Sara Langworthy ~ Iowa

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Artist statement: "I want to call attention to beauty in unremarkable places: the grey of wet concrete seen through worn out holes in a leaf on the sidewalk, light reflected on the wall in midafternoon. A highly restrained palette gives emphasis to differences between closely related but separate things. The artist book format provides an inherent two-sidedness. For every page, each front is also a back. The only way to view the entire piece is to relinquish a part of it. With print, I am most interested in edges; where two color blocks overlap or nearly touch, the areas where ink saturates the paper, making you aware of both the printed surfaces and the paper acting a as mediating substrate between the pages. The ease and immediacy of printing on a Vandercook press creates a circumstance where experimentation exists concurrently with the editioning practice. My process is more akin to collaging with printed elements at the press than to strategic letterpress design and production. Spontaneity exists alongside a thought out page and careful presswork. I work back and forth between written words and pictorial elements; images are inspired by a text, and texts grow from images."

New Patterns in Old Style
By Sara Langworthy
Oxford, Iowa: Sara Langworthy, 2013. Edition of 24.

9.75 x 8.5"; 18 leaves. Printed letterpress with photopolymer. Papers: Kitakata, Kozo Kaiga, University of Iowa Center for the Book handmade text sheets in a variety of fibers including hemp, flax and cotton, and overbeaten flax/cotton combination, an offcut left over from an earlier book "Solid Phases". Bound into a modified limp paper binding with UICB Papercase Natural as the cover paper. Housed in a cloth-covered clamshell box. Signed and numbered by the artist.

Sara Langworthy: "The project began as three smaller projects: an investigation of two opposing definitions of the word 'cleave'; an exploration of the coded language and repeated words contained in tatting instructions and manuals; and a play with the negative spaces of flattened decayed leaves found on sidewalks in November. The book combines images and text printed from photopolymer plates with hand-brushed sumi ink painting.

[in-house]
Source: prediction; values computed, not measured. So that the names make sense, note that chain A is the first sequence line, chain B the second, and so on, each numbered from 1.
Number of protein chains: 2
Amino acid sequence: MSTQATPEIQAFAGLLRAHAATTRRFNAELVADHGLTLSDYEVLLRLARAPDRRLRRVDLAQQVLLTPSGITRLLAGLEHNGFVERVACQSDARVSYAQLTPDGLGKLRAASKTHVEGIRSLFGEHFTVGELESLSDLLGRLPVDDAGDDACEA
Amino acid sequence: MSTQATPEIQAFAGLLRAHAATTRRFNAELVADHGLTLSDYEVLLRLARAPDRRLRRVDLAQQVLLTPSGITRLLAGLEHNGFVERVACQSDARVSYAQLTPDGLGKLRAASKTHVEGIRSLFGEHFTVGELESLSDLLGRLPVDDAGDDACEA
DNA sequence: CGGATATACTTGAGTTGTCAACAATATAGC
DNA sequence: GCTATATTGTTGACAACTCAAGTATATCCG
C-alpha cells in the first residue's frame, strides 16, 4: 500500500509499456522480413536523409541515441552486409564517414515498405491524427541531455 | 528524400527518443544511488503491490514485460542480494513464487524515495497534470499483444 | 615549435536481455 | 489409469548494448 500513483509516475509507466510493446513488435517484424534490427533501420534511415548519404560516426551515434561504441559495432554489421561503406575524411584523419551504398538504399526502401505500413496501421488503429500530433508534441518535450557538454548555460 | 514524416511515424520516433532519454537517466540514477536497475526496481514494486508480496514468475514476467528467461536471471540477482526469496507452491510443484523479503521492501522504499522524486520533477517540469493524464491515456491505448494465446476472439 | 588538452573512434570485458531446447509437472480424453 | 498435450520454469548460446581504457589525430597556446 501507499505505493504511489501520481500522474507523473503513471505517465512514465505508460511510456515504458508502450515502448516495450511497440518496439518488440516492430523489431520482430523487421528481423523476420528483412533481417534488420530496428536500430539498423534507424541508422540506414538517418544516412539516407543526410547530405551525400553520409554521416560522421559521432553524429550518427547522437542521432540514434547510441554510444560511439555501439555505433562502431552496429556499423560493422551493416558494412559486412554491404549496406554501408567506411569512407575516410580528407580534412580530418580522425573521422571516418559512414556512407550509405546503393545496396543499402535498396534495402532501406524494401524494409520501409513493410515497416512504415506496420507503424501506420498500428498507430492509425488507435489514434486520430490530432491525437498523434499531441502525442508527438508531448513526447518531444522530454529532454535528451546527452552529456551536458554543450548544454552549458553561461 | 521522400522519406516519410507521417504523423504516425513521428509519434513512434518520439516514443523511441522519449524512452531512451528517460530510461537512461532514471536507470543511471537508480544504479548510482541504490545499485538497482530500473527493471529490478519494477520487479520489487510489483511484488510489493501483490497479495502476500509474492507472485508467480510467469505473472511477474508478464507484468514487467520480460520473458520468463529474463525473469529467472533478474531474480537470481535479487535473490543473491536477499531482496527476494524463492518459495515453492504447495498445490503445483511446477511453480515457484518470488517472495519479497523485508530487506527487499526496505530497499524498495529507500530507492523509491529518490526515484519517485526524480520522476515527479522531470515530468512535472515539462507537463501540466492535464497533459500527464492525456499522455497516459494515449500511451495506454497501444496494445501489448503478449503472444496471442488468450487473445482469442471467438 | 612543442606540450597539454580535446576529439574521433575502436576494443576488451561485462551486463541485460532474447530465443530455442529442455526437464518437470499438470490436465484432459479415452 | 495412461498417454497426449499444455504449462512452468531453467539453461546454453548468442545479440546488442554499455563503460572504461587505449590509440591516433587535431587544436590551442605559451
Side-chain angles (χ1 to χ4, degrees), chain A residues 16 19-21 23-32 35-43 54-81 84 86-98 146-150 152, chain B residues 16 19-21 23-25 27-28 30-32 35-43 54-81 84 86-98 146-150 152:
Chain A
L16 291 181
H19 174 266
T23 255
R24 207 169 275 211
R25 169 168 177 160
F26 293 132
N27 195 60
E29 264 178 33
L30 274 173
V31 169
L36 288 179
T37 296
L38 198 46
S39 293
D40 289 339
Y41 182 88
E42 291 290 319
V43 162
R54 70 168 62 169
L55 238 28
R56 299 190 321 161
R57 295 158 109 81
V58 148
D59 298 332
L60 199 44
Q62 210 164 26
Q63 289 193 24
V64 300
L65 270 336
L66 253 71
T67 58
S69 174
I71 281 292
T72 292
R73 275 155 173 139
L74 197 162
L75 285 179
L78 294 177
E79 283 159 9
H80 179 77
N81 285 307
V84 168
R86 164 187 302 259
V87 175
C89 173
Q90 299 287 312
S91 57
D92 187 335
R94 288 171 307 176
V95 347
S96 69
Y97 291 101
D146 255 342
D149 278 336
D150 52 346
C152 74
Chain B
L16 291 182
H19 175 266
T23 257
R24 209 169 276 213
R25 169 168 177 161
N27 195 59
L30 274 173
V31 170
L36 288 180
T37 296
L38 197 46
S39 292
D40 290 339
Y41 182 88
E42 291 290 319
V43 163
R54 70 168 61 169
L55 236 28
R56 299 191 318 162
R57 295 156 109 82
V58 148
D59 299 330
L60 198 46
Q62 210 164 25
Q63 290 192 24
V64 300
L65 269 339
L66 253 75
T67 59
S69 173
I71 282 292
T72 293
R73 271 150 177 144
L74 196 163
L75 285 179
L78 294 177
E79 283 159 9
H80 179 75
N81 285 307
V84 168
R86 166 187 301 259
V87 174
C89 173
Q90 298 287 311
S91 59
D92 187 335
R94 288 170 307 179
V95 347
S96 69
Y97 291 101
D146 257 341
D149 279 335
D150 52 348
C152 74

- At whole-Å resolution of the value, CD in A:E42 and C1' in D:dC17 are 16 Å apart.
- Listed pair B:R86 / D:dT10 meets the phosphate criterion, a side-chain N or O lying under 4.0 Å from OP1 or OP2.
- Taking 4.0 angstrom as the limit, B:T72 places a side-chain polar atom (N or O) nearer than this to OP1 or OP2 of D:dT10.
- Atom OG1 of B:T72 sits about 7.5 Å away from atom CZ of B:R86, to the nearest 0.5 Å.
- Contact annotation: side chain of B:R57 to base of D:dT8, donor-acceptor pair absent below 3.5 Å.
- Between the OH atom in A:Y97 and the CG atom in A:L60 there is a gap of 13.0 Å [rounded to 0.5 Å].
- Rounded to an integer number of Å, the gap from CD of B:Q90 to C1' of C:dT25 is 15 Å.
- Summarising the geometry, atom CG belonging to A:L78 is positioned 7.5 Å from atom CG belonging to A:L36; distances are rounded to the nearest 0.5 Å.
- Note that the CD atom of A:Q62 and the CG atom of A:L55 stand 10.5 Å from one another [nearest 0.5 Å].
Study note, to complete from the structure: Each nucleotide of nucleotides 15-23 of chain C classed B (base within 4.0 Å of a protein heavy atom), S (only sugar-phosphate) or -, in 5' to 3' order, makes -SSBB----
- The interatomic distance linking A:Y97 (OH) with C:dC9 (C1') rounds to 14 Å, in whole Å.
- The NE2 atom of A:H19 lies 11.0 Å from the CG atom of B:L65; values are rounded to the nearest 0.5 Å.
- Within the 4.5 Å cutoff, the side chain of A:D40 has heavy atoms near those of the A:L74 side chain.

"The primary motivation for this book was to investigate the state of being two things at once, and the natural tensions present when opposing forces are required to inhabit the same spaces. All text is drawn from the definition of 'cleave,' and words taken from tatting instructions. The text in the book was constructed from a series of random/chance exercises using these words. The first signature sets the scene of the word 'cleave' fighting itself: a passionate joining with a violent separation. The second signature examines the results of the repeated joining and separating. The first signature is printed primarily in pale greys and greens; the second signature is equally monochromatic, but uses a pink/orange/yellow palette.

"A formal constraint of this project was to use only papers I had in my collection, and to recycle or revisit previous half-begun prints and book ideas which had a link to the themes of duality and opposites. Two of the folios (the two outer folios of each signature) are prints begun during an Artist’s Residency and Minnesota Center for Book Arts. Their initial print layers are wood type printed in opaque white and transparent white inks, layered with hand-brushed sumi ink washes. The total number of these sheets determined the edition size of the project. The leaf prints are new to this project. A number of other elements are visitors from earlier works, including especially the otherworldly watertowers and adjacent scaffolding."